“Masonic labor is purely a labor of love. He who seeks to draw Masonic wages in gold and silver will be disappointed. The wages of a Mason are earned and paid in their dealings with one another; sympathy that begets sympathy, kindness begets kindness, helpfulness begets helpfulness, and these are the wages of a Mason”
— Benjamin Franklin
A Mason is a member of the oldest and largest goodwill fraternity in the world, known as Masonry or Freemasonry. Masonry teaches that each man has a duty to make life better, not just for himself, but for everyone. Whether that means helping to clean up the environment, volunteering on civic projects, or helping a child learn how to read – Masons make a difference every day. Although Masonry is not a religion, members must have a belief in a Supreme Being. All religions are welcome. Masonry insists on toleration and the right for each member to think for himself in religious, social, and political matters. Like any fraternity, some of the Masonic information is privileged to only the members. However, Masonry is not a secret society. It does not hide its existence or attempt to conceal the purposes, goals, or principles of Masonry. Most importantly, Masons are presented with the opportunity to grow as individuals, are provided with the tools to make a difference, and are challenged to leave the world a better place. Our Mission To be the first choice of men of quality, who will contribute to the strength of the organization and enhance its ability to achieve its vision. Freemasonry in Michigan shall accomplish this by creating a growing, active, relevant organization of great appeal that is well known and respected for making a difference
George Washington in Masonic Regalia (courtesy of www.kena.org)
The following excerpt and poem help explain the philosophy and purpose of Freemasonry. Freemasonry’s purpose is to take good men and make them better this is done by teaching morals, ideals and their application to daily life through symbolism and allegory.
IDEAL OF A FREEMASON
If you see a man who quietly and modestly moves in the sphere of his life; who, without blemish, fulfils his duty as a man, a subject, a husband and a father; who is pious without hypocrisy, benevolent without ostentation, and aids his fellowman without self-interest; whose heart beats warm for friendship, whose serene mind is open for licensed pleasures, who in vicissitudes does not despair, nor in fortune will be presumptuous, and who will be resolute in the hour of danger;
The man who is free from superstition and free from infidelity; who in nature sees the finger of the Eternal Master; who feels and adores the higher destination of man; to whom faith, hope and charity are not mere words without any meaning; to whom property, nay even life, is not too dear for the protection of innocence and virtue, and for the defense of truth;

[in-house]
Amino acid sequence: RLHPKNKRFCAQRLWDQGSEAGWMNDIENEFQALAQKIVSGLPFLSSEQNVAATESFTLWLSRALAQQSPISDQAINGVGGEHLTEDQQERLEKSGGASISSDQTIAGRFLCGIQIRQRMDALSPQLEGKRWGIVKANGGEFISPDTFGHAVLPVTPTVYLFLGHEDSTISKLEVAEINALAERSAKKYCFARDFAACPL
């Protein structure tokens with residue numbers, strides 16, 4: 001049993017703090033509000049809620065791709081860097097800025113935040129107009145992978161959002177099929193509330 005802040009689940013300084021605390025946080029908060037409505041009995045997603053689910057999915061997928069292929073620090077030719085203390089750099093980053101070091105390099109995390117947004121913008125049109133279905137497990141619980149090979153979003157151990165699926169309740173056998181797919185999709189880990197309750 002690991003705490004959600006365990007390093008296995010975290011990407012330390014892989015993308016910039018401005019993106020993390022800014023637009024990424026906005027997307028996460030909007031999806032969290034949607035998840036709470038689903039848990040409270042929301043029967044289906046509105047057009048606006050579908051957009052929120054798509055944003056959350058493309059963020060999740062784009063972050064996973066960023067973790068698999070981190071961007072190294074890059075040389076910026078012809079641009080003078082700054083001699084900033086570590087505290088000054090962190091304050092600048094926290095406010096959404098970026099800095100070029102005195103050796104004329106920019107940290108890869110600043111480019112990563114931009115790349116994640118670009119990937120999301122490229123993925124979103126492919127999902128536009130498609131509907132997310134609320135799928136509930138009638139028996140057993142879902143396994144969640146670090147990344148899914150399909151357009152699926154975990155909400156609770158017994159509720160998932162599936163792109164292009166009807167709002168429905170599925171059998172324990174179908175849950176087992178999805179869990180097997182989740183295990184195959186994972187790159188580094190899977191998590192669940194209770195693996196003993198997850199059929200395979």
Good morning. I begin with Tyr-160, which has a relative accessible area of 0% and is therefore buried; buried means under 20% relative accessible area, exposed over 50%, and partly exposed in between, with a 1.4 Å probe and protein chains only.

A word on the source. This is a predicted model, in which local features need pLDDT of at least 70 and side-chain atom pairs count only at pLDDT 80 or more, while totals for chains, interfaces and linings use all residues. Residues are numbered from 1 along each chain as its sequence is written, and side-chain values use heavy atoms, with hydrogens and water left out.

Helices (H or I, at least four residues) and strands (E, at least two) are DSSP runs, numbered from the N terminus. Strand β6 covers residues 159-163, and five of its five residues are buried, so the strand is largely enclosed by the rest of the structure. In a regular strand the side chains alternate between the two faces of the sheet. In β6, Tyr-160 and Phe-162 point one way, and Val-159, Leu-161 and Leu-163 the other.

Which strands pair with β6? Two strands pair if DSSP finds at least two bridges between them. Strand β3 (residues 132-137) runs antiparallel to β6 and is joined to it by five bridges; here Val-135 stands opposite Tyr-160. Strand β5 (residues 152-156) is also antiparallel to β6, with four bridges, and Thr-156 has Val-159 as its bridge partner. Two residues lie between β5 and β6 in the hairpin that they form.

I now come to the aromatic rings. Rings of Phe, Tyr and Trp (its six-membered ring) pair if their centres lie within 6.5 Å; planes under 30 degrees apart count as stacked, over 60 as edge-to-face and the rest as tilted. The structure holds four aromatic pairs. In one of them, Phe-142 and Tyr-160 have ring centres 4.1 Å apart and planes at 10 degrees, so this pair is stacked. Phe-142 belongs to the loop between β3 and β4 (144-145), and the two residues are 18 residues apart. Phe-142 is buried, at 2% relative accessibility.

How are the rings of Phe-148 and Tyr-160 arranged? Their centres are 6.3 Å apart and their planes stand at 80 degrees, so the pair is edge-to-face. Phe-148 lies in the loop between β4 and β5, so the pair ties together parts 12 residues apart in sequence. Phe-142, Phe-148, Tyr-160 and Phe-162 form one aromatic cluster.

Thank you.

The man who towards himself is a severe judge, but who is tolerant with the debilities of his neighbor; who endeavors to oppose errors without arrogance, and to promote intelligence without impatience; who properly understands how to estimate and employ his means; who honors virtue though it may be in the most humble garment, and who does not favor vice though it be clad in purple; and who administers justice to merit whether dwelling in palaces or cottages.
The man who, without courting applause, is loved by all noble-minded men, respected by his superiors and revered by his subordinates; the man who never proclaims what he has done, can do, or will do, but where need is will lay hold with dispassionate courage, circumspect resolution, indefatigable exertion and a rare power of mind, and who will not cease until he has accomplished his work, and then, without pretension, will retire into the multitude because he did the good act, not for himself, but for the cause of good!
If you, my Brethren meet such a man, you will see the personification of brotherly love, relief and truth; and you will have found the ideal of a Freemason.
Excerpted from “The History of Freemasonry” by Otto Klotz, The Canadian Craftsman, March 15, 1868.
I AM FREEMASONRY
I was born in antiquity, in the ancient days when men first dreamed of God. I have been tried through the ages, and found true. The crossroads of the world bear the imprint of my feet, and the cathedrals of all nations mark the skill of my hands. I strive for beauty and for symmetry. In my heart is wisdom and strength and courage for those who ask. Upon my alters is the Book of Holy Writ, and my prayers are to the One Omnipotent God, my sons work and pray together, without rank or discord, in the public mart and in the inner chamber. Bu signs and symbols I teach the lessons of life and of death and the relationship of man with God and of man with man. My arms are widespread to receive those of lawful age and good report who seek me of their own free will. I accept them and teach them to use my tools in the building of men, and thereafter, find direction in their own quest for perfection so much desired and so difficult to attain. I lift up the fallen and shelter the sick. I hark to the orphans’ cry, the widows tears, the pain of the old and destitute. I am not church, nor party, nor school, yet my sons bear a full share of responsibility to God, to country, to neighbor and themselves. They are freemen, tenacious of their liberties and alert to lurking danger. At the end I commit them as each one undertakes the journey beyond the vale into the glory of everlasting life. I ponder the sand within the glass and think how small is a single life in the eternal universe. Always have I taught immortality, and even as I raise men from darkness into light, I am a way of life. I Am Freemasonry.
– Ray V. Denslow